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Here’s how fast a few dozen startups grew in Q3 2020

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Earlier this week I asked startups to share their Q3 growth metrics and whether they were performing ahead of behind of their yearly goals.

Lots of companies responded. More than I could have anticipated, frankly. Instead of merely giving me a few data points to learn from, The Exchange wound up collecting sheafs of interesting data from upstart companies with big Q3 performance.


The Exchange explores startups, markets and money. Read it every morning on Extra Crunch, or get The Exchange newsletter every Saturday.


Naturally, the startups that reached out were the companies doing the best. I did not receive a single reply that described no growth, though a handful of respondents noted that they were behind in their plans.

Regardless, the dataset that came together felt worthy of sharing for its specificity and breadth. And so other startup founders can learn from how some of their peer group are performing. (Kidding.)

Let’s get into the data, which has been segmented into buckets covering fintech, software and SaaS, startups focused on developers or security and a final group that includes D2C and fertility startups, among others.

Q3 performance

Obviously, some of the following startups could land in several different groups. Don’t worry about it! The categories are relaxed. We’re here to have fun, not split hairs!

Fintech

  • Numerated: According to Numerated CEO Dan O’Malley, his startup that helps companies more quickly access banking products had a big Q3. “Revenue for the first three quarters of 2020 is 11X our origination 2020 plan, and 18X versus the same period in 2019,” he said in an email. What’s driving growth? Bank digitization, O’Malley says, which has “been forced to happen rapidly and dramatically” in 2020.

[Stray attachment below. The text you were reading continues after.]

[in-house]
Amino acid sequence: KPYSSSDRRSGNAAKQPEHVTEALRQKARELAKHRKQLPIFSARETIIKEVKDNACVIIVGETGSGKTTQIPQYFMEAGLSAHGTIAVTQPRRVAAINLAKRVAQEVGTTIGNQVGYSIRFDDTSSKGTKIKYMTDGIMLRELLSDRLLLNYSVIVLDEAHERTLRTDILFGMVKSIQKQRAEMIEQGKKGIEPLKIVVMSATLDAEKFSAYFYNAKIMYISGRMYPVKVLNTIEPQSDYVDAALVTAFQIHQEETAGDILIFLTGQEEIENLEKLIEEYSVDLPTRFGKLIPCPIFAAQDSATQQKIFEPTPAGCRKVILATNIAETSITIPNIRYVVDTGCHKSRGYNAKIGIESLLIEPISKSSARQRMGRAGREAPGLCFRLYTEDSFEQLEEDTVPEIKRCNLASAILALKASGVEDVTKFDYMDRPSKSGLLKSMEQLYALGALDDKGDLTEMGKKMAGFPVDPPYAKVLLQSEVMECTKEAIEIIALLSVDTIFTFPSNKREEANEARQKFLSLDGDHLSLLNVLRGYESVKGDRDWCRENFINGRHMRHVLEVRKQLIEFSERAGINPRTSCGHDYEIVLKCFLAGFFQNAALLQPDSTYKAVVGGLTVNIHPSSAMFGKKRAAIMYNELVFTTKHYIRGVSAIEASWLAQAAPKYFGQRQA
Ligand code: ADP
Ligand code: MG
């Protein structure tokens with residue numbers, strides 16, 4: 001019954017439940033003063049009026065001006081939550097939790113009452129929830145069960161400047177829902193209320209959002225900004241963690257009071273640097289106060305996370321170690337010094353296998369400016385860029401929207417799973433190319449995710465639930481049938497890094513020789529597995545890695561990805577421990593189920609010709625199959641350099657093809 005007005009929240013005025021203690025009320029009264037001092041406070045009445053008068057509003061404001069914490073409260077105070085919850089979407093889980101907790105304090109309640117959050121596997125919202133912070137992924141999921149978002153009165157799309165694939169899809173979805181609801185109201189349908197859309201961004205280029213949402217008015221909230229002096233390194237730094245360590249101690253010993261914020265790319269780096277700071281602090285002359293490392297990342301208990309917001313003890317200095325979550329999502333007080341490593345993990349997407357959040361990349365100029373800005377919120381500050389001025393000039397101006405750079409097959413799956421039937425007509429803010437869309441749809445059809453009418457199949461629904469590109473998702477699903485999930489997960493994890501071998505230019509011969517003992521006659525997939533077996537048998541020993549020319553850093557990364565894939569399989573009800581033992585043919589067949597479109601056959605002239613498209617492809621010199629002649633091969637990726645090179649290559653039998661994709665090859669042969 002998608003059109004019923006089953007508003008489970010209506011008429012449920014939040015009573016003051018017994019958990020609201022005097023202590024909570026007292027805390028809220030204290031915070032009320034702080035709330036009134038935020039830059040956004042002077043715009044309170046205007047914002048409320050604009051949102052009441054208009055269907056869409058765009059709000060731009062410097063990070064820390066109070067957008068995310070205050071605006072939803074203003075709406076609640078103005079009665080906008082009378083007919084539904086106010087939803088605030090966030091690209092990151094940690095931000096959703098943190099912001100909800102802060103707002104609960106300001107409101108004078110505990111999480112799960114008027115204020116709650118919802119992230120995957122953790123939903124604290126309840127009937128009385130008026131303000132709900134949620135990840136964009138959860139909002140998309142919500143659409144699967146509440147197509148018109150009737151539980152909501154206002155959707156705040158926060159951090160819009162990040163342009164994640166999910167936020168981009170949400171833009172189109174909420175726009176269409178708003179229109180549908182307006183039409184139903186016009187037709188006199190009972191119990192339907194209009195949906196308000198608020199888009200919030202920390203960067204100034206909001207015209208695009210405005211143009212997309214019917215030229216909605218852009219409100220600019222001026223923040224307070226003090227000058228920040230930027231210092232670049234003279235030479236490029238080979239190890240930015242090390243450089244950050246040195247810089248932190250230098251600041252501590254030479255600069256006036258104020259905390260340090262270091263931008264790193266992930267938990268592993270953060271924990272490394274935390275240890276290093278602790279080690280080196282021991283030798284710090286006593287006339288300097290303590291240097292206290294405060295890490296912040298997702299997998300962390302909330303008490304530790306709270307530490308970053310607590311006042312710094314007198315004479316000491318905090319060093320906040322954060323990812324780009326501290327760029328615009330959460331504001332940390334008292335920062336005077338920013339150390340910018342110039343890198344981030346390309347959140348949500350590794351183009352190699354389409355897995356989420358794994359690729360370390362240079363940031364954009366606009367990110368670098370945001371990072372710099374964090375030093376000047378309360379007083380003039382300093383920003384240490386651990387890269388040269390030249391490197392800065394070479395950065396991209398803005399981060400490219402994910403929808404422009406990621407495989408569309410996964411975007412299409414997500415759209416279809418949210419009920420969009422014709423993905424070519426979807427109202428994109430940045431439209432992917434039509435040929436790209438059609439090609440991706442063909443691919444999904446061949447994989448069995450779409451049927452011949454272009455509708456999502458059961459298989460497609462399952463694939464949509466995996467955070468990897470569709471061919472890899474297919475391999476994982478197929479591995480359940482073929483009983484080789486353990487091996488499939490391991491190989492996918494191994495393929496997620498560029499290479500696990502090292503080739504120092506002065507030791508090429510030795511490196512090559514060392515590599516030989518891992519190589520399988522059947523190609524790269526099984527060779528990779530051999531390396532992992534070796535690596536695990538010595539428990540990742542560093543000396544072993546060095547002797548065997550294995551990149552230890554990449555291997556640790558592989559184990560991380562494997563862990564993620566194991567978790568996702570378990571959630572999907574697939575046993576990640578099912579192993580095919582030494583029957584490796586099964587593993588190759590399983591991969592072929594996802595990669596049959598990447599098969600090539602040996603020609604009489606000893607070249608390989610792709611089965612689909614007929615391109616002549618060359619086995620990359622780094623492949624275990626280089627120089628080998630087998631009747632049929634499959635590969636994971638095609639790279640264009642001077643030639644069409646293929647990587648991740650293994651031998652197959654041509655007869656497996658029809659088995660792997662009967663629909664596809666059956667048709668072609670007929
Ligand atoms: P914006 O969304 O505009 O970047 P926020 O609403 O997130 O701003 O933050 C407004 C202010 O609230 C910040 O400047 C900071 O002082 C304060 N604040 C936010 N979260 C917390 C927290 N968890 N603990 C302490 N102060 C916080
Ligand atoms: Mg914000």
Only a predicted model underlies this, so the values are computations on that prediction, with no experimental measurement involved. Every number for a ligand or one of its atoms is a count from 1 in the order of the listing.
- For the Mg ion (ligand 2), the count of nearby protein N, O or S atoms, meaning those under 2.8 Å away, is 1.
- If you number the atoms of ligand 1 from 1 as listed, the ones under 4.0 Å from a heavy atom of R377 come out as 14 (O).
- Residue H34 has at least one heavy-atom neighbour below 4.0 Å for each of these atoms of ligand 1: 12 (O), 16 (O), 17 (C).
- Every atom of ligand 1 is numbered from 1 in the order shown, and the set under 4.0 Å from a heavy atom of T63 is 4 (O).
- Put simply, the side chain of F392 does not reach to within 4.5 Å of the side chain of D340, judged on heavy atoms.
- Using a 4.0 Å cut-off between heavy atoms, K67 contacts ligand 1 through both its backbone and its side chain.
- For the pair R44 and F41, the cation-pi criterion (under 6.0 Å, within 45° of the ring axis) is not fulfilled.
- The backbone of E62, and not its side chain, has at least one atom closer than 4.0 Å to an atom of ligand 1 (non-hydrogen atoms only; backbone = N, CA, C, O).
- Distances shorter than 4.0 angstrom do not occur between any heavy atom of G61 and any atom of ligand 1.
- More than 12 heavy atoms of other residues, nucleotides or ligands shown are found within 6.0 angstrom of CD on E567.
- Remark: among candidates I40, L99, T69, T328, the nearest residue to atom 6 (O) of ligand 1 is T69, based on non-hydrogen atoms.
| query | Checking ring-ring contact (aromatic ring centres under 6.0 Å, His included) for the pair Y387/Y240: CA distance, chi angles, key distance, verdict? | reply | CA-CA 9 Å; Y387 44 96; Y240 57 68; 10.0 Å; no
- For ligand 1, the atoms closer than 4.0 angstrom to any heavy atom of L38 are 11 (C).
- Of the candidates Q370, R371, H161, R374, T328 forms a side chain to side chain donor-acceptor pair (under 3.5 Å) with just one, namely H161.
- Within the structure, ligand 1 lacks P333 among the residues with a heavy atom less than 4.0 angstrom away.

• BlueVineBlueVine does banking services for SMBs; think things like checking accounts, loans and payments. The company is having a big year, sharing with TechCrunch via email that has expanded its customer base “by 660% from Q1 2020 to” this week. That’s not a revenue metric, and it’s not Q3 specific, but as both Numerated and BlueVine cited the PPP program as a growth driver, it felt worthy of inclusion.
  • Harvest Platform: A consumer-focused fintech, Harvest helps folks recover fees, track their net worth and bank. In an email, Harvest said it “grew well over 1000%+” in the third quarter and is “ahead of its 2020 plan” thanks to more folks signing up for its service and what a representative described as “economic tailwinds.” The savings and investing boom continues, it appears.

Software/SaaS

  • Uniphore: Uniphore provides AI-based conversational software products to other companies used for chatting to customers and security purposes. According to Uniphore CEO Umesh Sachdev, the company grew “320% [year-over-year] in our Q2 FY21 (July-sept 2020),” or a period that matches the calendar Q3 2020. Per the executive, that result was “on par with [its] plan.” Given that growth rate, is Uniphore a seed-stage upstart? Er, no, it raised a $51 million Series C in 2019. That makes its growth metrics rather impressive as its implied revenue base from which it grew so quickly this year is larger than we’d expect from younger companies.
  • Text Request: A SMS service for SMBs, Text Request grew loads in Q3, telling TechCrunch that it “billed 6x more than we did in 2019’s Q3,” far ahead of its target for doubling billings. A company director said that while “customer acquisition was roughly on par with expectations,” the value of those customers greatly expanded. I dug into the numbers and was told that the 6x figure is for total dollars billed in Q3 2020 inclusive of recurring and non-recurring incomes. For just the company’s recurring software product, growth was a healthy 56% in Q3.
  • Notarize: Digital notarization startup Notarize — Boston-based, most recently raised a $35 million Series C — is way ahead of where it expected to be, with a VP at the company telling TechCrunch that during “the first week of lockdowns, Notarize’s sales team got 3,000+ inquiries,” which it managed to turn into revenues. The same person added that the startup is “probably 5x ahead of [its] original 2020 plan,” with the substance measured being annual recurring revenue, or ARR. We’d love some hard numbers as well, but that growth pace is spicy. (Notarize also announced it grew 400% from March to July, earlier this year.)